He’s not on anyone’s top prospects list, but 26-year old Kyle Hart has performed well ever since joining the Red Sox organization. The lefty hurler is one of three reigning All-Stars on the Portland Sea Dogs roster, but hasn’t received much fanfare. Can Hart finally put himself on the national radar at the next level?
Red Sox Prospects: Kyle Hart
At age 26, Hart is older than the average AA player. However, Hart underwent Tommy John surgery as a Junior, forcing him to spend an extra year in the collegiate ranks. He first joined the Red Sox in 2016 and has progressed up to Portland in just two years.
Hart started the year with the Sea Dogs, making 24 starts and pitching a career-high 138.2 innings. During his time on the mound, Hart recorded a 3.57 ERA and a 4.20 FIP while striking out 6.49 batters per nine innings and walking 3.18. While these numbers don’t jump off the page, they are inflated by a rough five-game stretch where Hart allowed a 9.00 ERA and a 6.87 FIP.
Hart doesn’t have the most explosive pitch tool, which is why he’s such an unknown prospect. His fastball sits in the high 80’s and isn’t a strikeout offering. He complements his fastball with an average mid-70’s slider and a low-80’s changeup and curveball.
What To Work On
Hart pitches to contact and doesn’t have the stuff to be a strikeout pitcher. While that limits his ceiling, he can still make it to major leagues. However, he’ll need to improve at inducing ground balls.
Ground balls are easily the least-damaging type of contact, and Hart struggled to keep balls on the ground in 2018. Per Fangraphs, Hart had a 41.0% ground ball rate in 2018, a sharp fall from his 50% ground ball rate in 2017.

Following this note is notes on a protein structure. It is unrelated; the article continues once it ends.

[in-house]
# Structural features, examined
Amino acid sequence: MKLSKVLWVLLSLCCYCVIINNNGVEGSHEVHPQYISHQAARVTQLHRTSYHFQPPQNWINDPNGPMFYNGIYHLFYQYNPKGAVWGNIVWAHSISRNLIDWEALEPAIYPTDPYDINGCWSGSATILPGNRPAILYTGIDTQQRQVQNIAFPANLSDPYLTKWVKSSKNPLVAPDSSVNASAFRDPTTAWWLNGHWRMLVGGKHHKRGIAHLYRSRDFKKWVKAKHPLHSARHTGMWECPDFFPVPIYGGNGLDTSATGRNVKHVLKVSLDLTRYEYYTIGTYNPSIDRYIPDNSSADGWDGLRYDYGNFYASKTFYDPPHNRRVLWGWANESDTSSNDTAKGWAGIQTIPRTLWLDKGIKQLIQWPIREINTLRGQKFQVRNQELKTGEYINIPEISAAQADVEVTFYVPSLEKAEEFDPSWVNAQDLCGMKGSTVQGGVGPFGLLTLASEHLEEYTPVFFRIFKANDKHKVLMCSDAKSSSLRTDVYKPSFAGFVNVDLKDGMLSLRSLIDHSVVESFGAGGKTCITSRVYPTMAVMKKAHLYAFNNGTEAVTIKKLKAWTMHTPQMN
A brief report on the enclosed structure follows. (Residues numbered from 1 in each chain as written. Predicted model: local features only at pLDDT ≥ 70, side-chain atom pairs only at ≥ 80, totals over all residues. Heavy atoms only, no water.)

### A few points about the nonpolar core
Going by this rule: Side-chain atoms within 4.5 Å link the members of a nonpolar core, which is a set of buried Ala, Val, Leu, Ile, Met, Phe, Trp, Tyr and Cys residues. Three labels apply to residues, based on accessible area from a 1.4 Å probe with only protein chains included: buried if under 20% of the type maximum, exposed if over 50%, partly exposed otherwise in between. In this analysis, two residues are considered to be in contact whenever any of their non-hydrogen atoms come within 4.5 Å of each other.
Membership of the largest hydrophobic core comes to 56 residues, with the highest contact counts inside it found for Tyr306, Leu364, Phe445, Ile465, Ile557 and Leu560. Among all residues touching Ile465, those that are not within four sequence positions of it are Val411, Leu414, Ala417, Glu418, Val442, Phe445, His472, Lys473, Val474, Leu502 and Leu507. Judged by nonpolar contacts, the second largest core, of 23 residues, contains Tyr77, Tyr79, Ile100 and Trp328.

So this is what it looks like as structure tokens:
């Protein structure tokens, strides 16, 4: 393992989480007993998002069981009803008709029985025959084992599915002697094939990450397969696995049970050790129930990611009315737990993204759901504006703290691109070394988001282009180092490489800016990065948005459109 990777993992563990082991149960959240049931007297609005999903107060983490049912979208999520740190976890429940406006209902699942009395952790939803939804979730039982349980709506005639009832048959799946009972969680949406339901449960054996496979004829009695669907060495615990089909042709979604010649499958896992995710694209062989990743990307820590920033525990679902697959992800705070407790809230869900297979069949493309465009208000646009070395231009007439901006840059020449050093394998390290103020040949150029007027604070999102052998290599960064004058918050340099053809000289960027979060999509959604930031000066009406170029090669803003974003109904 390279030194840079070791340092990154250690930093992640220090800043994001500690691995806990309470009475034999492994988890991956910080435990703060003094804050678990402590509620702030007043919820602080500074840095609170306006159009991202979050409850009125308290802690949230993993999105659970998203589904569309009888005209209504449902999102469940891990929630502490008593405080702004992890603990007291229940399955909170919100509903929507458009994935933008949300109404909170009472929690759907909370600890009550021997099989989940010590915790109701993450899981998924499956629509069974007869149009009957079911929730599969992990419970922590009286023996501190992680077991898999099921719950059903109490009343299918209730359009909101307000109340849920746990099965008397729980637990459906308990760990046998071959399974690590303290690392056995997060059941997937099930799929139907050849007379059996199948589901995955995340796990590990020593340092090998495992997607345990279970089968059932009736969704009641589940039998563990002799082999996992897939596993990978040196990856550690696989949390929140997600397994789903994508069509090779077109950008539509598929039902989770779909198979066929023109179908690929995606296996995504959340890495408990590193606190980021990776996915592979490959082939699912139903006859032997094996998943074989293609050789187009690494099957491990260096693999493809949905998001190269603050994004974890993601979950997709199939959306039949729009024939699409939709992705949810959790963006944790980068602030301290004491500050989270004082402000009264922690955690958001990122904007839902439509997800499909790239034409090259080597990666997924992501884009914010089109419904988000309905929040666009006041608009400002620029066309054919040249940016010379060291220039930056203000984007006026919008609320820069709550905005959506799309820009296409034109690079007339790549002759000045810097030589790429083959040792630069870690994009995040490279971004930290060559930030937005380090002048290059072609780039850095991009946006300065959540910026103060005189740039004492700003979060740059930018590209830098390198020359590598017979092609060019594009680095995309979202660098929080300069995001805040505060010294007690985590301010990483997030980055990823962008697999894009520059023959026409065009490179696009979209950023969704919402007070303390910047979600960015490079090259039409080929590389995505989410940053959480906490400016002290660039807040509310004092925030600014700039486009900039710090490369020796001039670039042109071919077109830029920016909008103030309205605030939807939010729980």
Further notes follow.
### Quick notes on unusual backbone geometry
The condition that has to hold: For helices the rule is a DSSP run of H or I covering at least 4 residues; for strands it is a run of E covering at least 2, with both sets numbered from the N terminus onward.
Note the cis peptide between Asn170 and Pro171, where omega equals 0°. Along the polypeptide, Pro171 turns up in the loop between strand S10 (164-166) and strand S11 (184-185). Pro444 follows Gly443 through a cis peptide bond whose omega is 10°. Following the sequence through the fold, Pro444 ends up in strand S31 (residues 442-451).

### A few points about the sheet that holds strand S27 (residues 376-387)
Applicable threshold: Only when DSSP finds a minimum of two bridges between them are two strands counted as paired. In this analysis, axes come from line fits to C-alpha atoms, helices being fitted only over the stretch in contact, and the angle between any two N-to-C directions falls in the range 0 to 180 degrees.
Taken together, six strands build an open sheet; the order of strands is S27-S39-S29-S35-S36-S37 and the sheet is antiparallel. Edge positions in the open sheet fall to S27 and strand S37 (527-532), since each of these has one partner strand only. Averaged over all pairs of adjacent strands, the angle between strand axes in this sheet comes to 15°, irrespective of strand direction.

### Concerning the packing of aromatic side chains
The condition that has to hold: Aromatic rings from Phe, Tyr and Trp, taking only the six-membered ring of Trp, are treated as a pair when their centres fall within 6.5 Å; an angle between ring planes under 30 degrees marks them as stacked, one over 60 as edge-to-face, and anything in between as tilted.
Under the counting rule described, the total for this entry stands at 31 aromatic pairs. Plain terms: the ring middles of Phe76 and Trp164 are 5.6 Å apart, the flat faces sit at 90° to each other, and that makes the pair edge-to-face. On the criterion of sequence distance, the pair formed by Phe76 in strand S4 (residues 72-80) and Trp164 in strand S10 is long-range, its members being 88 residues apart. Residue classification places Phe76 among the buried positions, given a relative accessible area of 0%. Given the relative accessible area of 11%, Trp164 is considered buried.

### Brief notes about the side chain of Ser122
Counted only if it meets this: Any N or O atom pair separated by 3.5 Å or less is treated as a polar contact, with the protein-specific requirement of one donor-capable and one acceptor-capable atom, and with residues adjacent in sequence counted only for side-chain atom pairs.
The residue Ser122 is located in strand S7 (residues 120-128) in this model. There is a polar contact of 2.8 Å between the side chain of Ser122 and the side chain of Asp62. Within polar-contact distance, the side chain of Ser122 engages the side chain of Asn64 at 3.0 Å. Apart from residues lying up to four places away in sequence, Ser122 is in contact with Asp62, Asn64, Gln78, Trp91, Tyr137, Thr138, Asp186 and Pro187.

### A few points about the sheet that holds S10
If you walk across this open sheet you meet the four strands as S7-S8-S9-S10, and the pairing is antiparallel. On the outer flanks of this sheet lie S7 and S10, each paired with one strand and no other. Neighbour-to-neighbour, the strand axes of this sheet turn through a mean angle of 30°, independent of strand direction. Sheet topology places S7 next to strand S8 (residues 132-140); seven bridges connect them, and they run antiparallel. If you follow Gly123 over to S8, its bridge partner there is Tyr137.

Additionally, Hart’s future probably lies in the bullpen. His 3.18 BB/9 is below average for a starter, and he doesn’t have the stuff to make up for his lack of command. Unless he improves his accuracy considerably, he won’t be able to last long-term in the starting rotation.
As previously mentioned, Hart has a long way to go before he’s ready to make the majors. His ground ball rate increased, and his first priority should be making sure the fly balls don’t return in 2019. Without high-strikeout potential, Hart needs to make sure he forces grounders as much as possible.
If Hart’s to make it as a major league, he’ll almost-certainly have to do it in the bullpen. Barring some unexpected growth, Hart simply doesn’t have the tools or command to make it as a starter.
Quite frankly, Hart’s no guarantee to ever make it to the majors. Even if he does, he probably won’t be anything more than an emergency call-up option with a limited ceiling.